Agile Management in the Digital Age: It’s Not What You Think!

With agile methods conquering traditional industries, long-established companies now teach their managers to use intuition by playing with Lego. But is agile management really the answer to everything?

There is no revolution without exaggeration – and the digital transformation is no exception. Agile methods like Scrum and design thinking, born in the world of software development and internet startups, have begun to flourish in established organizations and are conquering traditional industries that used to lay emphasis on rational planning.

Intuition and trial-and-error are having a comeback and self-managed teams are promising to replace bureaucracy. But is agile management really the answer to all the challenges that the advent of smart products, smart factories and the internet of things poses to our modern industries? Will rational planning really become obsolete? 

“Bureaucracy is amazingly resilient.”

For one, bureaucracy is amazingly resilient. And while self-managed teams may be more self-determined, they might also lead to more pressure and be less efficient in the end. Ultimately, the superiority of self-management remains yet to be proven.   

From Thinking First to Seeing First and Doing First

Henry Mintzberg and Frances Westley have forcefully criticized the complete dominance of rational thinking, analysis and systematic evidence in management. As they have argued in 2001 already, decisions can often defy a pure step-by-step logic. Since management is a practice that people learn in context, companies that want to be effective need to embrace more intuitive or action-oriented forms of decision making. 

Thinking First, the rational approach typically taught in scientifically oriented business schools has its limits, so Mintzberg and Westley propose complementing it with two other approaches.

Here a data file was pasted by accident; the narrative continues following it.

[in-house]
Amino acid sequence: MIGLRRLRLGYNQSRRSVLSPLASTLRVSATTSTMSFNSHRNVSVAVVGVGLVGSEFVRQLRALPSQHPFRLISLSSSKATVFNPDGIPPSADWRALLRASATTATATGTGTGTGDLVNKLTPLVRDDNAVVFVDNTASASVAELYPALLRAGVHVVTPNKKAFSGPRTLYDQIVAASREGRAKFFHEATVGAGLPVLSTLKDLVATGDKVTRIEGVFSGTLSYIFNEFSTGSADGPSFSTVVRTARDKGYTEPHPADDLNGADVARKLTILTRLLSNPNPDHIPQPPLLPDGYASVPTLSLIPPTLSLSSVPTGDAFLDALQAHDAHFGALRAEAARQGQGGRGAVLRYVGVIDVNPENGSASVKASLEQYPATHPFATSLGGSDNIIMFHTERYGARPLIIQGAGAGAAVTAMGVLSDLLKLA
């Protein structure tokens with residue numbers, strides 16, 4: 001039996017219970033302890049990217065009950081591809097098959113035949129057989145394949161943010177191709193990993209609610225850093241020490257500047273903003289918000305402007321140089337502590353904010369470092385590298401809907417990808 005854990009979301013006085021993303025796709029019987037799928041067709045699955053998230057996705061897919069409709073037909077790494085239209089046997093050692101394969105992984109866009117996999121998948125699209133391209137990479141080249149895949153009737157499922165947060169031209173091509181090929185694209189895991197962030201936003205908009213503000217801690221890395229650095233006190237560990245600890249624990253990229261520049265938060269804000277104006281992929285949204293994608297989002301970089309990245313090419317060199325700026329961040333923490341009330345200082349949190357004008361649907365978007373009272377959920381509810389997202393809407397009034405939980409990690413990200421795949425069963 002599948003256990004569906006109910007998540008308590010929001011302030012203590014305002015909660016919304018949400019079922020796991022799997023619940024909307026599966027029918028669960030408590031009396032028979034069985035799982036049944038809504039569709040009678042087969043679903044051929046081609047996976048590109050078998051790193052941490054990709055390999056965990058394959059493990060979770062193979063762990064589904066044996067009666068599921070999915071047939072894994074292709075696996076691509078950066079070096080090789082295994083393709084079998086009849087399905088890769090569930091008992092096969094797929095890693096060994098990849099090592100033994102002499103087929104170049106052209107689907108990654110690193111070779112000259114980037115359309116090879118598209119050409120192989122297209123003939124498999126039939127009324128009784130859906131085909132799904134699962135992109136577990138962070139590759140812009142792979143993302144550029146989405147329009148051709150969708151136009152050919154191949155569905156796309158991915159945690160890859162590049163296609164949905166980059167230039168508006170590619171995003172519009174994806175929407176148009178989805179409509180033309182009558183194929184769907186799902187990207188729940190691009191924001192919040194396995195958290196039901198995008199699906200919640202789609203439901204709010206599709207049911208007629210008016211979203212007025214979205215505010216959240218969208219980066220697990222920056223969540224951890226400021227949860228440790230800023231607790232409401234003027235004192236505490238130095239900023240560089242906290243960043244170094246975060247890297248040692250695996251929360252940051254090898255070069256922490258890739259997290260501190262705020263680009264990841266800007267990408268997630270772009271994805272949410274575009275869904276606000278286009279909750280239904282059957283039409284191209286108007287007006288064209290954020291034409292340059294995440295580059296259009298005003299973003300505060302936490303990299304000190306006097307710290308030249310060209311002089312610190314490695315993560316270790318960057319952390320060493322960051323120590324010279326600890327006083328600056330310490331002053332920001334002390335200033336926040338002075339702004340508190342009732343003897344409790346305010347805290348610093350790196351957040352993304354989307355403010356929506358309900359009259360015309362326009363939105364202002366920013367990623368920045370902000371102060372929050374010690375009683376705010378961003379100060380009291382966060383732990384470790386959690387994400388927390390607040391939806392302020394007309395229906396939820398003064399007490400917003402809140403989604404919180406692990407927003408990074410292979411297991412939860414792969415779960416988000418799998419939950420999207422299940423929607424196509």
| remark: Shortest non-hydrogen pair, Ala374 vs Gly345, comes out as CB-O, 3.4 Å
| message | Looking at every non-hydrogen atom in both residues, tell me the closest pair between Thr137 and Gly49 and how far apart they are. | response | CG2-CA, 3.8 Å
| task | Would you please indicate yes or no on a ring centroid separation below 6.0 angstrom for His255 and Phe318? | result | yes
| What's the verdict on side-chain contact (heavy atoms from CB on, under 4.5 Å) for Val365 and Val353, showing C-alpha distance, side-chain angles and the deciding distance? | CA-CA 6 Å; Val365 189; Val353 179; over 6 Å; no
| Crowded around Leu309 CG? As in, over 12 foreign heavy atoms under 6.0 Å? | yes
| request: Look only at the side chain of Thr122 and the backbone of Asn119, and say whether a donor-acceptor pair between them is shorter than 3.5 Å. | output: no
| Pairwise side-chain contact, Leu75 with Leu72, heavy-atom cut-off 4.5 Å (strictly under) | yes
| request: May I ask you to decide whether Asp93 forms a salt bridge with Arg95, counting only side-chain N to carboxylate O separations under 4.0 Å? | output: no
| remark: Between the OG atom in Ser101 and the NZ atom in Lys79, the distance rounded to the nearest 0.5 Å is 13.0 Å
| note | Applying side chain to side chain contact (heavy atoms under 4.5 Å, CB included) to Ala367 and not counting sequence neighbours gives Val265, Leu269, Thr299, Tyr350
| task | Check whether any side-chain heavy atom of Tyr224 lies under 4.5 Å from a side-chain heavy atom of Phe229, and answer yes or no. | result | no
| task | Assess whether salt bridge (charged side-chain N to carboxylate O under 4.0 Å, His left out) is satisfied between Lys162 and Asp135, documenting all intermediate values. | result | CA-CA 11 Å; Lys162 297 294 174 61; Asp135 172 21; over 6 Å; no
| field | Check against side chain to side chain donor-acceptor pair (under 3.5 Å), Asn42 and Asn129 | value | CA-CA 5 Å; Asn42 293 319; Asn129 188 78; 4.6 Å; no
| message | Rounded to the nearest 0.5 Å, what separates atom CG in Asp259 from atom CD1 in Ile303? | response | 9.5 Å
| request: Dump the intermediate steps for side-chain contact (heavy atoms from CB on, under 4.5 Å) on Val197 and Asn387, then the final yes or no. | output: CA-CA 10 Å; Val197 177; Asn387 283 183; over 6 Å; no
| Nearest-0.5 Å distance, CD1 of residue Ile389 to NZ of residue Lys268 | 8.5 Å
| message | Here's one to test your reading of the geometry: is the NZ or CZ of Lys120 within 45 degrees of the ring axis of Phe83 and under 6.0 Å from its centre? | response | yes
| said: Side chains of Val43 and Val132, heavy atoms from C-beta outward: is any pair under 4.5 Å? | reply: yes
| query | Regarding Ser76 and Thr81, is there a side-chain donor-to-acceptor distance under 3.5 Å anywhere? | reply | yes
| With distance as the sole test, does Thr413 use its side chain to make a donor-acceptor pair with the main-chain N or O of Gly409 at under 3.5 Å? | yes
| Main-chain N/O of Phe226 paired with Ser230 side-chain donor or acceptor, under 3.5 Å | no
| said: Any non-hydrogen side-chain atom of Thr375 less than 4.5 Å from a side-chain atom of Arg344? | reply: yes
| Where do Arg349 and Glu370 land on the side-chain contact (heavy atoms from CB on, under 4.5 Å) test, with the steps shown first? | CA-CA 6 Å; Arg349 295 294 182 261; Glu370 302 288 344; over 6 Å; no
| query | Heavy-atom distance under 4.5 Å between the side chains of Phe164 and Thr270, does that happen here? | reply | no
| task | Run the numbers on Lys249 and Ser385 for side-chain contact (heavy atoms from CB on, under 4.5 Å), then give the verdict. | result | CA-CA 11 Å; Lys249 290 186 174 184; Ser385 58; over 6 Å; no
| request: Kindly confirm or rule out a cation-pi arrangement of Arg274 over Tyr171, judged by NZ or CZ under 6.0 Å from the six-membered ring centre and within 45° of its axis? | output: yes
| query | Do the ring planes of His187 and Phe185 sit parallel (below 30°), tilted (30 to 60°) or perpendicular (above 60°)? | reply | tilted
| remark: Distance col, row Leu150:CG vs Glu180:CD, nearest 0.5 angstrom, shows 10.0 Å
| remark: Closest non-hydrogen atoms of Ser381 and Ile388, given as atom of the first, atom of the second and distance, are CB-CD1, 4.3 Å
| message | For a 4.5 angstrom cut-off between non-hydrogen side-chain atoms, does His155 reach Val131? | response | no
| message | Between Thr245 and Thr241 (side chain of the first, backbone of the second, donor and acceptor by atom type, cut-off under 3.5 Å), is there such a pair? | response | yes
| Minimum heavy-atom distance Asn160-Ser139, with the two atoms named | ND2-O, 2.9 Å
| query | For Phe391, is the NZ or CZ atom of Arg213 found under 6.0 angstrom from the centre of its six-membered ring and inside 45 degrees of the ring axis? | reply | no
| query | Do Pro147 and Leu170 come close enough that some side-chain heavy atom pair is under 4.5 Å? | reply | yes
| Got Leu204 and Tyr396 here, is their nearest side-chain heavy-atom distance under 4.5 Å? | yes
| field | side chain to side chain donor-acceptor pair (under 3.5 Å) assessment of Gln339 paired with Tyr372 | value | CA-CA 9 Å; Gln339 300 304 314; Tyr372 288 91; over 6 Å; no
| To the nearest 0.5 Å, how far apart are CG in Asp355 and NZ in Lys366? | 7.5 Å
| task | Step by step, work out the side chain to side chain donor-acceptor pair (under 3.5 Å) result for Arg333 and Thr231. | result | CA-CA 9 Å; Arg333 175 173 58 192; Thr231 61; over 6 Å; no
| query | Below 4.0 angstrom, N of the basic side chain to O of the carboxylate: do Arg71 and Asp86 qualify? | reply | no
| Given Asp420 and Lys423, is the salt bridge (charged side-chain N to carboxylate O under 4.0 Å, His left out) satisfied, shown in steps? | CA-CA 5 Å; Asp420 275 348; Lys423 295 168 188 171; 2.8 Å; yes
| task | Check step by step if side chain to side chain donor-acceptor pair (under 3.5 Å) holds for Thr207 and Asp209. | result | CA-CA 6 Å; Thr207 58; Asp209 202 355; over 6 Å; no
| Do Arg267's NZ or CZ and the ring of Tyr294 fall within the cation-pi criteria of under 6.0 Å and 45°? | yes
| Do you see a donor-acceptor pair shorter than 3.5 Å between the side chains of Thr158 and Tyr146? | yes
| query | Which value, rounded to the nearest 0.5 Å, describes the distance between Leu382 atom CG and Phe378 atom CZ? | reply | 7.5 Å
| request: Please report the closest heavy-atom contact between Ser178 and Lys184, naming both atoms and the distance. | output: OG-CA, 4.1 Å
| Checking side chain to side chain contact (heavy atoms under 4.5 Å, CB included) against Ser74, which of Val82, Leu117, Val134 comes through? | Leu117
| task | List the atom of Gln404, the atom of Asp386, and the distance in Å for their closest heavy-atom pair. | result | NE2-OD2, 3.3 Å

• Seeing First embraces the insight that many decisions are driven as much by what is seen as by what is thought
  • Doing First means trying out various things, finding out which one works, and repeating it while discarding the rest

But Mintzberg and Westley do not to suggest to suspend thinking altogether. Instead, they recommend putting it in its place alongside other forms of decision-making. Ideally, organizations combine all three approaches and choose the ones that work best for a particular context.

  • Thinking First works best when there is an established production process
  • Seeing First has its strengths in product development
  • Doing First might be the go-to approach for companies that face a disruptive technology

Agile Engineering and Big Industry

Meanwhile, the hype around agile engineering approaches continues. In Germany, big industry players like Daimler, Airbus, Postbank and Telekom now teach their managers to use intuition by engaging in exercises like Lego serious play.

“Long established organizations are successfully balancing traditional forms of management with intuitive approaches.”

Nevertheless, rational thinking and planning are not disappearing. Long established organizations are successfully balancing traditional forms of management with intuitive approaches. Siemens is complementing its conventional waterfall process management with iterative cycles while bundling its startup-activities in their unit next47. And at the Digital Lab Berlin, a team of Volkswagen specialists works on new mobility services and networked vehicles removed from the company headquarters in Wolfsburg.

These examples show that successful decision making must be based on a combination of several factors.

  • clarity and analysis
  • creativity and intuition
  • practical learning

In other words, you have to know when to trust your intuition and when to depend on slow, deliberate thinking. Even within agile approaches, planning can still be used to enhance efficiency and reduce risk. 

Do Business Schools Kill Creativity?

What we do need to think about, however, is how to reform the way we teach in business schools. It’s surely no coincidence that the TED-Talk Do schools kill creativity? has been viewed over 45 million times on Youtube. 

We still rely on textbooks and traditional lectures, but how can we teach innovative approaches like Seeing First and Doing First to our students? 

Textbooks are getting better. They now feature case studies, videos, gamification and blended learning elements. Students can also enroll in programs to study abroad. They complete internships in real firms and cooperate with real startup companies in projects as part of their coursework.

But the search for excellence in management learning in the digital age, the right mix between science, art and practical learning, is only beginning.

[Title Image by Matthew Guay via Unsplash]

Hans-Erich Müller

Hans-Erich Mueller is a professor for management and organization at the Berlin School of Economics. He specializes in Strategic Management and Organization and Human Resource Management and has authored several publications on these topics. Find him online on his website, on Twitter or on Linkedin.

Pin It on Pinterest